A look at the Daytona 500 by the numbers. There were 42 lead changes among 18 drivers, while seven cautions for 39 laps would slow the race pace to 145.290 MPH.
Next week, the Sprint Cup Series heads to the “diamond in the desert,” Phoenix International Raceway for The Profit on CNBC 500K. The Green flag is scheduled for 3:15pm EST.
Nationwide Series Post-Race Quotes: Drive4COPD 300
posted by Thomas Bowles
Tuesday February 25, 2014
Frontstretch Interviews – Courtesy Mike Neff
ELLIOTT SADLER – FINISHED 4th
Thoughts on the race?
It’s definitely a lot different racing than what we’re used to.
Comfortable with it?
Yeah, it’s just different. You’re worried about what you’re doing, but you’re also worried about what everyone else is doing and they’re not doing more than you’re doing. Physically pushing a guy is way better than just riding so you just gotta time it right and push it to the edge.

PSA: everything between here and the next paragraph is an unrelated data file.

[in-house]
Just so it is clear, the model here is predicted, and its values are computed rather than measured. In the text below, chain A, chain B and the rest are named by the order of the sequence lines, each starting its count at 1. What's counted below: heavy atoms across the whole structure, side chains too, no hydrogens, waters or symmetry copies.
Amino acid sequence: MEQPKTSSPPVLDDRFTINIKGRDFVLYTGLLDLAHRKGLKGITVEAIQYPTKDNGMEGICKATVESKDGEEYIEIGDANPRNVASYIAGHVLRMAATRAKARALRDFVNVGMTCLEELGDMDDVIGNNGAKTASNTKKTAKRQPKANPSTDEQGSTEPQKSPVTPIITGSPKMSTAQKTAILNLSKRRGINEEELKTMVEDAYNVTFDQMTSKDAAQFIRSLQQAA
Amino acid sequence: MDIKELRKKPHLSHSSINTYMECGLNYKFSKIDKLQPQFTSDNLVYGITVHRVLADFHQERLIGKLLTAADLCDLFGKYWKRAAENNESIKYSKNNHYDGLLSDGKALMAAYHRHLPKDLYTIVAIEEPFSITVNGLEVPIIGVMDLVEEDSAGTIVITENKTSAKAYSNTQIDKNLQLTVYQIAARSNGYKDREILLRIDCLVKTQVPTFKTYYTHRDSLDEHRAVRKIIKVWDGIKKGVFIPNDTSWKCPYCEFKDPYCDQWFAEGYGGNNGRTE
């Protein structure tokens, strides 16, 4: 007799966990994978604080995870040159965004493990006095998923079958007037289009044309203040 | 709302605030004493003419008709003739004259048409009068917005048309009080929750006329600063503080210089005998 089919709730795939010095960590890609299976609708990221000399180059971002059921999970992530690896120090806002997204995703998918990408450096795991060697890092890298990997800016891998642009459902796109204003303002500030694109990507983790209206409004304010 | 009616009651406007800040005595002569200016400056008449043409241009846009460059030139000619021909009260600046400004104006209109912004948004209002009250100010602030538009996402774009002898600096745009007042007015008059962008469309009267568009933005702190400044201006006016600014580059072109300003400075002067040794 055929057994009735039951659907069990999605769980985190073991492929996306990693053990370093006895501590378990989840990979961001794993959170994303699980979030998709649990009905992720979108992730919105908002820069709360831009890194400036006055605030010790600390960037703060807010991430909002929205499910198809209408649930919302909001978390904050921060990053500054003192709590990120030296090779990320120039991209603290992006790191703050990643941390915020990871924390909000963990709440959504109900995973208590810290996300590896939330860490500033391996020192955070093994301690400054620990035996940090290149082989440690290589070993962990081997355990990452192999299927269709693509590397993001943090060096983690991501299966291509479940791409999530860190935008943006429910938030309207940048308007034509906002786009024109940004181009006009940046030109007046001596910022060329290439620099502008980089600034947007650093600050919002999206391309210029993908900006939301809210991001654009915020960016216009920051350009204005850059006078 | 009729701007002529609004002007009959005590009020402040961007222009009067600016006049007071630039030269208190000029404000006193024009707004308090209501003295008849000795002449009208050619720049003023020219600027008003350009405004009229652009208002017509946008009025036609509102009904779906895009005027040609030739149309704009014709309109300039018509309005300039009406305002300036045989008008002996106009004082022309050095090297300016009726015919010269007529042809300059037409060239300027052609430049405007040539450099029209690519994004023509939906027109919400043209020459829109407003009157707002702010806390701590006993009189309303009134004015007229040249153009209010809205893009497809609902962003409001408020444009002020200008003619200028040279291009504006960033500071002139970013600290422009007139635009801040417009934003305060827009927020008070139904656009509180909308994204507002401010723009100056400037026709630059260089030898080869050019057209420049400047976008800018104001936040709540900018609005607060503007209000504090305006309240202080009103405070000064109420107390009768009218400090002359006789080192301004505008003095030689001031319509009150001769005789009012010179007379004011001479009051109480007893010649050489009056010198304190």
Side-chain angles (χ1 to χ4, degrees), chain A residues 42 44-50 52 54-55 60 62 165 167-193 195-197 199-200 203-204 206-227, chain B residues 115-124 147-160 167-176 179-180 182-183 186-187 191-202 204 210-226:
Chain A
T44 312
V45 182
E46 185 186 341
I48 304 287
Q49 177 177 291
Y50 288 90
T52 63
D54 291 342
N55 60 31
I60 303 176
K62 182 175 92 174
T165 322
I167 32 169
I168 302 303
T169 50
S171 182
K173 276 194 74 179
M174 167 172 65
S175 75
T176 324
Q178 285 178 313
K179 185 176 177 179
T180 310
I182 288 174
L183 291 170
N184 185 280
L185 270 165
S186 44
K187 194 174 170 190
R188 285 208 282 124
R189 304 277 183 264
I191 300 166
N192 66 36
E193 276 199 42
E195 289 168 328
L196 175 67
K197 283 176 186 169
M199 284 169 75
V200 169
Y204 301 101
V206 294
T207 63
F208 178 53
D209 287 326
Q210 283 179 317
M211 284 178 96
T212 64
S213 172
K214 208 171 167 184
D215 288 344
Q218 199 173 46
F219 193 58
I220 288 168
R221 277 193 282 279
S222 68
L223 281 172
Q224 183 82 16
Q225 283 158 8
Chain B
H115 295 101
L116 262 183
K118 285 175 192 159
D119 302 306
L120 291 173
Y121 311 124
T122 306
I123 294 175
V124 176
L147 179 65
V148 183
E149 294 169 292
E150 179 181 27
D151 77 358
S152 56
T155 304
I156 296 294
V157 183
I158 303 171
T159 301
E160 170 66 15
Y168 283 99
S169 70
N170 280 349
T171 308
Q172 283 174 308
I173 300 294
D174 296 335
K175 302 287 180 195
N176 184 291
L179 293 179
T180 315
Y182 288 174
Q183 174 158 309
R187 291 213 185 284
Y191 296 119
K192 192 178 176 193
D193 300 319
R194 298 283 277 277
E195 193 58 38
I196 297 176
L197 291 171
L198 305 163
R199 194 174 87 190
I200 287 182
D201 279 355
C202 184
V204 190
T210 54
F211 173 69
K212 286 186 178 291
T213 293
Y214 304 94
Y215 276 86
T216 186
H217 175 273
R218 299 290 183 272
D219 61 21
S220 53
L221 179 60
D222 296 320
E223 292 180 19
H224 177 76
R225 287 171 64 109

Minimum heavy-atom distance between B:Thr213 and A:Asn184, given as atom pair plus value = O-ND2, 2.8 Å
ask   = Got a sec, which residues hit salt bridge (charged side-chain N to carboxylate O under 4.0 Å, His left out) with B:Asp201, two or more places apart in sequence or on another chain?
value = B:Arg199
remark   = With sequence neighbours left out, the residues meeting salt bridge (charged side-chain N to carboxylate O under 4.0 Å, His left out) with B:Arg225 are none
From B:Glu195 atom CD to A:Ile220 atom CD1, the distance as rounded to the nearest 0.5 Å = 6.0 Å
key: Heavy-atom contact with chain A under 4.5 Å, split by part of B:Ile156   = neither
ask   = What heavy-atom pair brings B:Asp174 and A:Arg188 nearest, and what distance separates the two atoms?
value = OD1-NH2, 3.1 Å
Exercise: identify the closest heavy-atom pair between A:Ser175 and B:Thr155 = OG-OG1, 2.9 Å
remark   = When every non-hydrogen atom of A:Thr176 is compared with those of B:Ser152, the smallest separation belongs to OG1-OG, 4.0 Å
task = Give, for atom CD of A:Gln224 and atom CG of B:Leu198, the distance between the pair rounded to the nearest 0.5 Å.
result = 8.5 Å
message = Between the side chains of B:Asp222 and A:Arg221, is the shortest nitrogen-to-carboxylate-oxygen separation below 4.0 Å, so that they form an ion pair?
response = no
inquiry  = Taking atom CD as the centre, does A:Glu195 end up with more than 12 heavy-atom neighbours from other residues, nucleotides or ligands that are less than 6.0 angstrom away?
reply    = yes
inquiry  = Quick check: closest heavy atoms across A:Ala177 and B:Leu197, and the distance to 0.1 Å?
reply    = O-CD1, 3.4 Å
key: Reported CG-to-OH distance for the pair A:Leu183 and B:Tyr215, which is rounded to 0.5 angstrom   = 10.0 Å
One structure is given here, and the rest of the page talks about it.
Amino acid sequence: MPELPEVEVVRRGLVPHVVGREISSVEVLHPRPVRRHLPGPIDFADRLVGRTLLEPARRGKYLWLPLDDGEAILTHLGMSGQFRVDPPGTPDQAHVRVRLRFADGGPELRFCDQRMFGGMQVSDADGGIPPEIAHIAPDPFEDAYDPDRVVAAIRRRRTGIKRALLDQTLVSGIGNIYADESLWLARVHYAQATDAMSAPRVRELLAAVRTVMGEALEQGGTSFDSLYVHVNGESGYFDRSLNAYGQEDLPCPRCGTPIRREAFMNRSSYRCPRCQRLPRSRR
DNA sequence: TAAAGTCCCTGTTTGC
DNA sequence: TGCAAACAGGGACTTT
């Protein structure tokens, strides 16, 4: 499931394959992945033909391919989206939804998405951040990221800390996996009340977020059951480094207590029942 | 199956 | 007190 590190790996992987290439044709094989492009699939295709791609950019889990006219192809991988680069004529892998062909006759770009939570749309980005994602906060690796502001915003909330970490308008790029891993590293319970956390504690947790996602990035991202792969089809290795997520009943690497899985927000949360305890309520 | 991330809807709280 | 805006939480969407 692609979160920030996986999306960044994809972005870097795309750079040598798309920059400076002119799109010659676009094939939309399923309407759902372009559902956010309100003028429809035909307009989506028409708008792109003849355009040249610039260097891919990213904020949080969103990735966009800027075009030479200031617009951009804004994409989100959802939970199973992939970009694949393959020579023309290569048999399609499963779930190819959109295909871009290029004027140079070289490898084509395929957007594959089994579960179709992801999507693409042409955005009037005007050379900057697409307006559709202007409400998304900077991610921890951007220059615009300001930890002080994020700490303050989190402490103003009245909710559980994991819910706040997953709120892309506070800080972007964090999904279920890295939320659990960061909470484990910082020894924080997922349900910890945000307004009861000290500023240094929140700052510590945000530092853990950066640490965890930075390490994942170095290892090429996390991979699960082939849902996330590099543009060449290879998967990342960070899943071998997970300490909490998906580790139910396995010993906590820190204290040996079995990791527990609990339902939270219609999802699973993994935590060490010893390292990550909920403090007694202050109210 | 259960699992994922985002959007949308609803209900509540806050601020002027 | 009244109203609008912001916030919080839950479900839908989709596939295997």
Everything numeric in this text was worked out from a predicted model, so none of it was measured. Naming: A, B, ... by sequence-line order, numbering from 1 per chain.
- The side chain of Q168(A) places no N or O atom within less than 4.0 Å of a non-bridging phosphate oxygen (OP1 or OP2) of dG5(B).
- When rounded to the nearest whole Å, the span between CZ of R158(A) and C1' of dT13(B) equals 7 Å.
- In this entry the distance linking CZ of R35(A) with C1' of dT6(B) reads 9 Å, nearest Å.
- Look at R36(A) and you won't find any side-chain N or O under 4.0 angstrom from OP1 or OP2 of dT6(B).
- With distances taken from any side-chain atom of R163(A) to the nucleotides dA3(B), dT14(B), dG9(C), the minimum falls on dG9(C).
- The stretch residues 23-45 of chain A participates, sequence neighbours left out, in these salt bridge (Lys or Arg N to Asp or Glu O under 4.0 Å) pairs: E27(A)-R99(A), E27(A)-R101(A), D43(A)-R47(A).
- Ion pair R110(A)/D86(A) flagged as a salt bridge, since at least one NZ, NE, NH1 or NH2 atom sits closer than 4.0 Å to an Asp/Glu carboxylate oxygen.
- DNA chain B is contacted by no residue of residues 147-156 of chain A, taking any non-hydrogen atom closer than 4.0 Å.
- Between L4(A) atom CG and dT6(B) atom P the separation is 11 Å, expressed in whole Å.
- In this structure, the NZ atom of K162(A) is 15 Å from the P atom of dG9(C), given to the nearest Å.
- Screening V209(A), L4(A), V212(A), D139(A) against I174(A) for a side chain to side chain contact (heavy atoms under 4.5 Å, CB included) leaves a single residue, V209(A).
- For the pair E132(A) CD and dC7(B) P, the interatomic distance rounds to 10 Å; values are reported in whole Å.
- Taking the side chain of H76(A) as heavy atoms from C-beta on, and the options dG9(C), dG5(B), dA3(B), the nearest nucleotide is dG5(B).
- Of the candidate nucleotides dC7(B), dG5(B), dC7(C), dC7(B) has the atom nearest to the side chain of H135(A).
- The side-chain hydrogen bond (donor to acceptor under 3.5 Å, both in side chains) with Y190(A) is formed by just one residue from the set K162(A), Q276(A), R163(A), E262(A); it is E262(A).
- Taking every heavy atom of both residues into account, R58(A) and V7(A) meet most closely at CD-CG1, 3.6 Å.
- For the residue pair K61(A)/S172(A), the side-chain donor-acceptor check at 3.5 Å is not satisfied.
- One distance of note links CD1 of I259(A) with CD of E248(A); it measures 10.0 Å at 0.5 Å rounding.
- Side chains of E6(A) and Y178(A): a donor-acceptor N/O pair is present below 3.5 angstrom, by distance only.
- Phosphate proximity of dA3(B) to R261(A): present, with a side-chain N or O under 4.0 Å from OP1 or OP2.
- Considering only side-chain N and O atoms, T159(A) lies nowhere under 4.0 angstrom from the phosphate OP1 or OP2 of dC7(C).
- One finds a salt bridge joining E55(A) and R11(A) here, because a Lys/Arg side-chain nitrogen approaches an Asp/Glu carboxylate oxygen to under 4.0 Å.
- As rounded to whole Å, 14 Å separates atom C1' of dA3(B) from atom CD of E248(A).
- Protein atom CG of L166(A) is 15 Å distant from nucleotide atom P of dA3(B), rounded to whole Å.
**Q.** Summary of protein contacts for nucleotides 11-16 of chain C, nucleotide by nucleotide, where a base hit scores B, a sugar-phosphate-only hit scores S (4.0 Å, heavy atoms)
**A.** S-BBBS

Happy to start the year with a top 5?
Yeah. Hell, that was the worst we ran all day, I think. I have no idea how they put the 3 car in front of us on that last restart. I hadn’t seen the 3 car hardly all day. When they put us from fifth to sixth, on the outside line, it just really boxed us in. I would have really restarted behind my teammate and given him a good push to the front. Anyways, it is what it is; we’ll take it and move on.
Looked like you were up front all day.
The guys did a good job. We had a fast race car. Great pit stops, just really proud of these guys. The car’s in one piece and we can take it to Talladega now. Great job by my guys. A lot of effort came into coming down here to Daytona and giving ourselves a shot to win. We had that chance to be up front and make some things happen. Fifth is not what we want, but we’ll take it and move on.
Bumping vs Pushing?